most important fillip—his own brilliant style of the prose poem, a style which has won for him the accolades of the literary world. Each line read on the broadcast is a part of this poetic narrative style, giving each program a dramatic sweep so necessary in producing the effect desired
Yet while the poet claimed to have aimed at creating “new forms of radio expression,” rather than adhering to the formats of “conventional radio drama,” critics were not uniformly enthusiastic, arguing the productions to be “overloaded with conversation” and “self-denyingly austere.” Such gainsayings are representative of the bias toward dramatization and dialogue as opposed to lecture or oratory, no matter how many individual speakers were employed to deliver it.
In the foreword to the published scripts for the series, MacLeish defended his minimalist approach by reasoning that “radio’s unique function and unique opportunity” was simply to convey speech instead of presenting words, “artfully blended” by means of “[s]killful devices,” to “produce dramatic effects”:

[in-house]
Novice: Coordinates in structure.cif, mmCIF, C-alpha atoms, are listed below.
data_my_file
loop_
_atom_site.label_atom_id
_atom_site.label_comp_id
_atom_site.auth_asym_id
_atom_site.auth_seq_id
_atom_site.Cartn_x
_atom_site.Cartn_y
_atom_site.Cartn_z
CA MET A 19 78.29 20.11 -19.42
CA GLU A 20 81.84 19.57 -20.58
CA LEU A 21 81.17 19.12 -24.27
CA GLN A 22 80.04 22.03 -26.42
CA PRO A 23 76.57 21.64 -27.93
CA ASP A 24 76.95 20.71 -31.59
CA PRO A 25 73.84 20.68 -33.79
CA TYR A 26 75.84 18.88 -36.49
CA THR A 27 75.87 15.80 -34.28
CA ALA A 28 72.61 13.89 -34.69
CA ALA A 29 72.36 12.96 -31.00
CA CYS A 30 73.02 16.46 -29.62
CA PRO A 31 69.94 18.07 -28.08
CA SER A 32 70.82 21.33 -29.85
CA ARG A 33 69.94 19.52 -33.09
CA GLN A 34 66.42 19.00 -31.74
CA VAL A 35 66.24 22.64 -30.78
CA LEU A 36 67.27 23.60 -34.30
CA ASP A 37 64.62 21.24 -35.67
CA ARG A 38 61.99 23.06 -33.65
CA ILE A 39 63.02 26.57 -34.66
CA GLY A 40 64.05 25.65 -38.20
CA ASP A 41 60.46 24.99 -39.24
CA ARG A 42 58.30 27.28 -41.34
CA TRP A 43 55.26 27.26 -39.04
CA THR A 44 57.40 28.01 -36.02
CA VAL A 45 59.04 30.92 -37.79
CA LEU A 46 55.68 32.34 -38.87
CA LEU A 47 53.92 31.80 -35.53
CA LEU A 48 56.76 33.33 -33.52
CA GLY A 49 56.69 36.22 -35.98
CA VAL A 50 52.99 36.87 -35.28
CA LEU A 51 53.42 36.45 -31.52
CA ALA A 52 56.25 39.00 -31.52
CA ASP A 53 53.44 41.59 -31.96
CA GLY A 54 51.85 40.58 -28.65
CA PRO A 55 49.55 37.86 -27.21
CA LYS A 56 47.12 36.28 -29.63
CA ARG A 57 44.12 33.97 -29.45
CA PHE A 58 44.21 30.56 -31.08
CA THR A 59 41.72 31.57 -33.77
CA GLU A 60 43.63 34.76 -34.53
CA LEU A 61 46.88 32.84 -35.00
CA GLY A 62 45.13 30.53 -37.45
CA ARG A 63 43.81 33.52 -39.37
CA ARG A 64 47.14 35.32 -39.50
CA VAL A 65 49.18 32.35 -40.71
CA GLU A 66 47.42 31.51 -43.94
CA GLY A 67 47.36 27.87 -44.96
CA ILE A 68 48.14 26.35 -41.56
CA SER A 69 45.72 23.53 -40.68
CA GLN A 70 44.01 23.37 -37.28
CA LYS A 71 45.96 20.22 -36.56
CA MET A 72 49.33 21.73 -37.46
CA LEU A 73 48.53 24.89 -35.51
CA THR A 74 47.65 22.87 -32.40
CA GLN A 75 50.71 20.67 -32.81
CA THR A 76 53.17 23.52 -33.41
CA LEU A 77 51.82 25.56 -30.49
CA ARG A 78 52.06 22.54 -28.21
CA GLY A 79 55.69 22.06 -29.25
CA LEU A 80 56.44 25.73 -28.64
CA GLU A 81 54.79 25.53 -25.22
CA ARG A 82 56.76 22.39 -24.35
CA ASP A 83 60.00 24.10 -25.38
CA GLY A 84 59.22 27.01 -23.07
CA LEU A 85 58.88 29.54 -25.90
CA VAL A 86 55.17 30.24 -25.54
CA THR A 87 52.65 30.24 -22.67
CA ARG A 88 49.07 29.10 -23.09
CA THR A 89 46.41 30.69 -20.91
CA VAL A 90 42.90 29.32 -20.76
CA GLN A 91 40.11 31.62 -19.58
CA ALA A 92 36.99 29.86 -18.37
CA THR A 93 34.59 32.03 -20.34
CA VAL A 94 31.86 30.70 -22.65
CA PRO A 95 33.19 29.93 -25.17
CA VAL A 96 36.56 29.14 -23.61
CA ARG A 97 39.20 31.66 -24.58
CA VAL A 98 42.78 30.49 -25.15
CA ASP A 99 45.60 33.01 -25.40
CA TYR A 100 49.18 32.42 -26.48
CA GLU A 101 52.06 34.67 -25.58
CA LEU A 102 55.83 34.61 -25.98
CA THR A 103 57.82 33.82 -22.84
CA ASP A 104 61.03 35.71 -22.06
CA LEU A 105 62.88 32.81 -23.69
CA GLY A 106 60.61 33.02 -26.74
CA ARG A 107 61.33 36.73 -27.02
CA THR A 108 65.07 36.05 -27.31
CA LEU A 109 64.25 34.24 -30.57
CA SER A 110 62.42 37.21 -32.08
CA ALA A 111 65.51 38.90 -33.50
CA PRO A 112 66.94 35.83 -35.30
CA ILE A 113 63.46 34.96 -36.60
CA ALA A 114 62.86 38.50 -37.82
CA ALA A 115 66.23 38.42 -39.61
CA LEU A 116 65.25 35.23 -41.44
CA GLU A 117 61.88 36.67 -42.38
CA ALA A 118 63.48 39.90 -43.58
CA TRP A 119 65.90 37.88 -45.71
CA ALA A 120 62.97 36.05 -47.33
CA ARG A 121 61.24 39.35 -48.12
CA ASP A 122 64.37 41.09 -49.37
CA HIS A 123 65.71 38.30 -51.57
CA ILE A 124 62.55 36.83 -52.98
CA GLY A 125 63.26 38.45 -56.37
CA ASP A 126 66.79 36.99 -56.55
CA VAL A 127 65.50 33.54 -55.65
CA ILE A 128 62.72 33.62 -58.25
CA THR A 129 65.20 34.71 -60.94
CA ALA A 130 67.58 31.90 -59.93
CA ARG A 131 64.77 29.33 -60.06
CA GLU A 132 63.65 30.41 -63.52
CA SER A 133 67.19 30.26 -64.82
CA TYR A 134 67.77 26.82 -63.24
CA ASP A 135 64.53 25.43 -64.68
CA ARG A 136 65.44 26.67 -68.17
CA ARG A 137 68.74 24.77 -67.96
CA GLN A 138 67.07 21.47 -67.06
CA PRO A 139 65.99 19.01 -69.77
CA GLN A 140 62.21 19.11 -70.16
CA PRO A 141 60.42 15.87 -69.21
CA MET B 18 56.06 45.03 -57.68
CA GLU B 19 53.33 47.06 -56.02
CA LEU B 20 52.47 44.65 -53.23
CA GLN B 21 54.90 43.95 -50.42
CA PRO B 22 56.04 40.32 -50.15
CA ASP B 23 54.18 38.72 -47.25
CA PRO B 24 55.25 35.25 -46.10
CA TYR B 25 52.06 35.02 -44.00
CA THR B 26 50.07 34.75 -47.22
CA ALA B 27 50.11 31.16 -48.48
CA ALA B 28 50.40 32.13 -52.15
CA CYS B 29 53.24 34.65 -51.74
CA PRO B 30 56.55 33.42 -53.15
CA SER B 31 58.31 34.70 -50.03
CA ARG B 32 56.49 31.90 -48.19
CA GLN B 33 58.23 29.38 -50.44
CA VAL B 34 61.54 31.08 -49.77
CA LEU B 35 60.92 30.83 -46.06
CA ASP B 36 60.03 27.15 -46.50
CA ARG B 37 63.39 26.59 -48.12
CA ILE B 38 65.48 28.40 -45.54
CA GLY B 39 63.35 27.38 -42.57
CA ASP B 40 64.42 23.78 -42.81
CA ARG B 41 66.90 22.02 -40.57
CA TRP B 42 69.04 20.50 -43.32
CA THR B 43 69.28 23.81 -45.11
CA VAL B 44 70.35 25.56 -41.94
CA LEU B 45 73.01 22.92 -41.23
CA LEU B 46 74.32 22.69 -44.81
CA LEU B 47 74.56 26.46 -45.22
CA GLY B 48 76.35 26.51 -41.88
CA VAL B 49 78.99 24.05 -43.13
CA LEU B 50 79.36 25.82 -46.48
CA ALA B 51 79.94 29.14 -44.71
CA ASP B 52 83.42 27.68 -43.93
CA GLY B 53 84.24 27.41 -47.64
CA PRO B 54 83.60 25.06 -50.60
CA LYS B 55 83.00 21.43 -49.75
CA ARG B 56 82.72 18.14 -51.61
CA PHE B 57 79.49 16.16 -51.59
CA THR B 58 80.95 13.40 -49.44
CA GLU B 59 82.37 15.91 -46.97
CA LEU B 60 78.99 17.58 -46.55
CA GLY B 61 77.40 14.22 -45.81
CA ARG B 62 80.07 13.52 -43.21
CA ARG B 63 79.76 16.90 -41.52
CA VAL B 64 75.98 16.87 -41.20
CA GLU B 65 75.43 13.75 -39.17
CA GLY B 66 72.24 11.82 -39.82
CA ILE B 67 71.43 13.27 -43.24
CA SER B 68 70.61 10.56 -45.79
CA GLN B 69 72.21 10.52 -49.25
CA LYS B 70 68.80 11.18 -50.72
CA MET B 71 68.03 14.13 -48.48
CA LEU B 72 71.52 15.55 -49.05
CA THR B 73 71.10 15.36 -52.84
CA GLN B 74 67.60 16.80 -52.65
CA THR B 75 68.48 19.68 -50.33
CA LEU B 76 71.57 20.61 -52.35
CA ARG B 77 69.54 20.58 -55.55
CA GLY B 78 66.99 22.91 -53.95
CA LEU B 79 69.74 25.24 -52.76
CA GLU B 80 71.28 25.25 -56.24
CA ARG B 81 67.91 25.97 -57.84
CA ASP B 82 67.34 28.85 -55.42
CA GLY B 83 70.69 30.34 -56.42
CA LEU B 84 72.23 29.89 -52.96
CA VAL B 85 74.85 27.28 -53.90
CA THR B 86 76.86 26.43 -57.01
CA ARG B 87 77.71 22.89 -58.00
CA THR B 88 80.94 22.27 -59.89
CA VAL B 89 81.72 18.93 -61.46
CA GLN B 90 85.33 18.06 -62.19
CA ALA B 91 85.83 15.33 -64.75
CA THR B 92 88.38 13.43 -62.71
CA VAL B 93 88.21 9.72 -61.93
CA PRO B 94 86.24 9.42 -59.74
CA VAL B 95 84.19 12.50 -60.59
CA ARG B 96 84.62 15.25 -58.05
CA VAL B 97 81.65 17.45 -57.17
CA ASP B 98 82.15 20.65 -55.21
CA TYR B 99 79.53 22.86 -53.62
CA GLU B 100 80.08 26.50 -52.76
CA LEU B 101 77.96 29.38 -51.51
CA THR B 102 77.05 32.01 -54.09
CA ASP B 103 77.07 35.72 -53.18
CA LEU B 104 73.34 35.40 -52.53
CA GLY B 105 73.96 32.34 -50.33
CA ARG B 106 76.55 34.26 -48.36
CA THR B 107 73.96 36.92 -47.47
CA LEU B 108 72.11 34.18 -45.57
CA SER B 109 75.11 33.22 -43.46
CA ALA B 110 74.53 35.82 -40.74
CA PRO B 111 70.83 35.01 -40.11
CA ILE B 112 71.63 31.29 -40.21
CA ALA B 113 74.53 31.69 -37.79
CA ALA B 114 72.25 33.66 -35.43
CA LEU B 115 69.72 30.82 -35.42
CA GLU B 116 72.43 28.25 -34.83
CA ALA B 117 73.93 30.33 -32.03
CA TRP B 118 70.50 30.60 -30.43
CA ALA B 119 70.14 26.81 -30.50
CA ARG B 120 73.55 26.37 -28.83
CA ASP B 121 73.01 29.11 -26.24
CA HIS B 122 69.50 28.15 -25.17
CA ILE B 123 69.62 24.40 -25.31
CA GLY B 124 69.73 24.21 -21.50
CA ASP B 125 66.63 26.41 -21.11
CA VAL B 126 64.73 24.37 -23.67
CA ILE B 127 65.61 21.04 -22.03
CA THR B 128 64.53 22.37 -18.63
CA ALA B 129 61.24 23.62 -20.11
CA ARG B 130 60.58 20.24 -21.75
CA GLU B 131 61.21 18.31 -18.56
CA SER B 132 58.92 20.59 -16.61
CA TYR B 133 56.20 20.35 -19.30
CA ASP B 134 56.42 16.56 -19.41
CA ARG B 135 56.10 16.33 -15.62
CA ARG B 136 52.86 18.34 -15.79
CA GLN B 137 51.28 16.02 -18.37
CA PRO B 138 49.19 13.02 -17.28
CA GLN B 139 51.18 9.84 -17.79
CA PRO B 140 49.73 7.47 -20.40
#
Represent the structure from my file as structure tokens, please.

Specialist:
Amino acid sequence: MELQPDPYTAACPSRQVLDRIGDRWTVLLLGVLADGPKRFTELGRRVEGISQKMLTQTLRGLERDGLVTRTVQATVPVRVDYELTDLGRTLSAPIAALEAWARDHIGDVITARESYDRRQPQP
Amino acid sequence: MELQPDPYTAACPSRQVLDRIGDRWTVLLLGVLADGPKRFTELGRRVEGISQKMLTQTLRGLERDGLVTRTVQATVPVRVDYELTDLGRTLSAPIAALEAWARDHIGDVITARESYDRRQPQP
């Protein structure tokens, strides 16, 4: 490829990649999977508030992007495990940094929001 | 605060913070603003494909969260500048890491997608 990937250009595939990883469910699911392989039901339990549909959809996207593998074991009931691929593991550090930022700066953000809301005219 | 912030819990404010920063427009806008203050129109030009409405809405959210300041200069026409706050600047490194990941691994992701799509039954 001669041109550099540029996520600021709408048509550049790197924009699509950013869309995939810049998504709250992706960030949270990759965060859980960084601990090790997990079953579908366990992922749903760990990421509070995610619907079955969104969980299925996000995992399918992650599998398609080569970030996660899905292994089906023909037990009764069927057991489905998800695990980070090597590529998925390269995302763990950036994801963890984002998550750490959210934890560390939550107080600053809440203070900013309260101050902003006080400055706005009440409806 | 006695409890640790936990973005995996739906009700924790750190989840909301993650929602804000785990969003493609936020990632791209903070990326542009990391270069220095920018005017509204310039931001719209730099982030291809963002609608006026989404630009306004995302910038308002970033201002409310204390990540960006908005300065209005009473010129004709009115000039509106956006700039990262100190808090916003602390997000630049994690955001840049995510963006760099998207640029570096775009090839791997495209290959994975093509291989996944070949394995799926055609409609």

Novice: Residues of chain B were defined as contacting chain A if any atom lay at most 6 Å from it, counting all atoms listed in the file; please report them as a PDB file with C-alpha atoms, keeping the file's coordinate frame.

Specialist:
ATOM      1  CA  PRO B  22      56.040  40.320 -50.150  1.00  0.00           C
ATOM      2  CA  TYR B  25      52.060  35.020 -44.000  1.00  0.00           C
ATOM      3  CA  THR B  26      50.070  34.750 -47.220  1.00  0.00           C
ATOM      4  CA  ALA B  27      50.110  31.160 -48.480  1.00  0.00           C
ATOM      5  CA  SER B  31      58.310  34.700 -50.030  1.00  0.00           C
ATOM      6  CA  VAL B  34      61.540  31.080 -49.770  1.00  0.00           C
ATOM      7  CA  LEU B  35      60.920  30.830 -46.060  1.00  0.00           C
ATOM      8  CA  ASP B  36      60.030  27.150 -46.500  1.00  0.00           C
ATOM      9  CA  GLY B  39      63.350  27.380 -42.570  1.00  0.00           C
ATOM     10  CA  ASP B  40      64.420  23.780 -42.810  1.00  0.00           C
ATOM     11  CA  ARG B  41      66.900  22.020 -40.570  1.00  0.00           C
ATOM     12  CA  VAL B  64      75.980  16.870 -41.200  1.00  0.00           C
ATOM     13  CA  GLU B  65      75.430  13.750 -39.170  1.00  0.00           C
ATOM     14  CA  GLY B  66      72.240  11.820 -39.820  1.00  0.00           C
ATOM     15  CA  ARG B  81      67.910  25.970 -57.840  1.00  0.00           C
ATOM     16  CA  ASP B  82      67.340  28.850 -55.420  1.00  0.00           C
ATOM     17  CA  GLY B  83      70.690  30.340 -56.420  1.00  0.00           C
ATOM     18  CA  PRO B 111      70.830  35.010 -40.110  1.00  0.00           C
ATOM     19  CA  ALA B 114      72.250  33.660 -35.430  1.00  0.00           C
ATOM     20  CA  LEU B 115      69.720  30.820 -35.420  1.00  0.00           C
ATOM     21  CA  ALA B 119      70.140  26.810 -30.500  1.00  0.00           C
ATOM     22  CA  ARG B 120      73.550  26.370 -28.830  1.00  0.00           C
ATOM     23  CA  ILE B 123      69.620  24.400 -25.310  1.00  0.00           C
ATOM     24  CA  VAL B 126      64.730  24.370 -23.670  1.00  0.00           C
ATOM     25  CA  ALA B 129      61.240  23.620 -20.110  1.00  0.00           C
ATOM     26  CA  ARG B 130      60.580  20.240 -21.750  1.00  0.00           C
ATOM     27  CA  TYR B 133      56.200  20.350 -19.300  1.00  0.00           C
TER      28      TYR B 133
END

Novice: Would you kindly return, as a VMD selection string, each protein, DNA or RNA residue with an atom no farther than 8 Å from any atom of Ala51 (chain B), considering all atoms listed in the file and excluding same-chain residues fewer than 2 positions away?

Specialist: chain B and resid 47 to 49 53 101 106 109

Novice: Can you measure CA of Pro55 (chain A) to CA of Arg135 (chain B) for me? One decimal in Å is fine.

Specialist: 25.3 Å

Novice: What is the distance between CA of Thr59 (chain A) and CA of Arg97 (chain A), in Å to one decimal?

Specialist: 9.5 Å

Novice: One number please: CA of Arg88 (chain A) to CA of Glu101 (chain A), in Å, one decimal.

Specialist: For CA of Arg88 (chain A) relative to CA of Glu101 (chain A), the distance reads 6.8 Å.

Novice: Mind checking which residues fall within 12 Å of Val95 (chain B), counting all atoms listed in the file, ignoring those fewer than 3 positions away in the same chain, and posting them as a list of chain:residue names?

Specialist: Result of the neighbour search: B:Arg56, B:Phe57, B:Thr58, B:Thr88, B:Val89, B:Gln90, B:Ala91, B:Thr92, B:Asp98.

Because radio is limited mechanically to sound, and particularly to the sound of speech, radio is capable of a concentration of speech itself, the text itself, which can give words a life and a significance they rarely achieve outside the printed pages—and which they achieve there only for the most gifted and fortunate readers.
The word, to MacLeish, was the beginning and the end. As a documentarian and poet, he inhabited that “world between two sounds,” listening, recording, and readying himself to speak with force and deliberation. His American Story is the story of humanity’s struggles for survival, for voice and representation. Our daily existence, like that of the first settlers, is this “narrow world between the silence and the surf,” between the calm and the roar, between tumult and tranquility. Our lives are a string of moments waiting to be seized for having our say, periods of stillness, voluntary or imposed. We may chronicle our times and leave behind piles of documents to be poured over or neglected by future generations; but it is the sound we make now and the space we leave for listening that define the present we must fill with meaning as we rage against the silence to which we are ultimately condemned . . .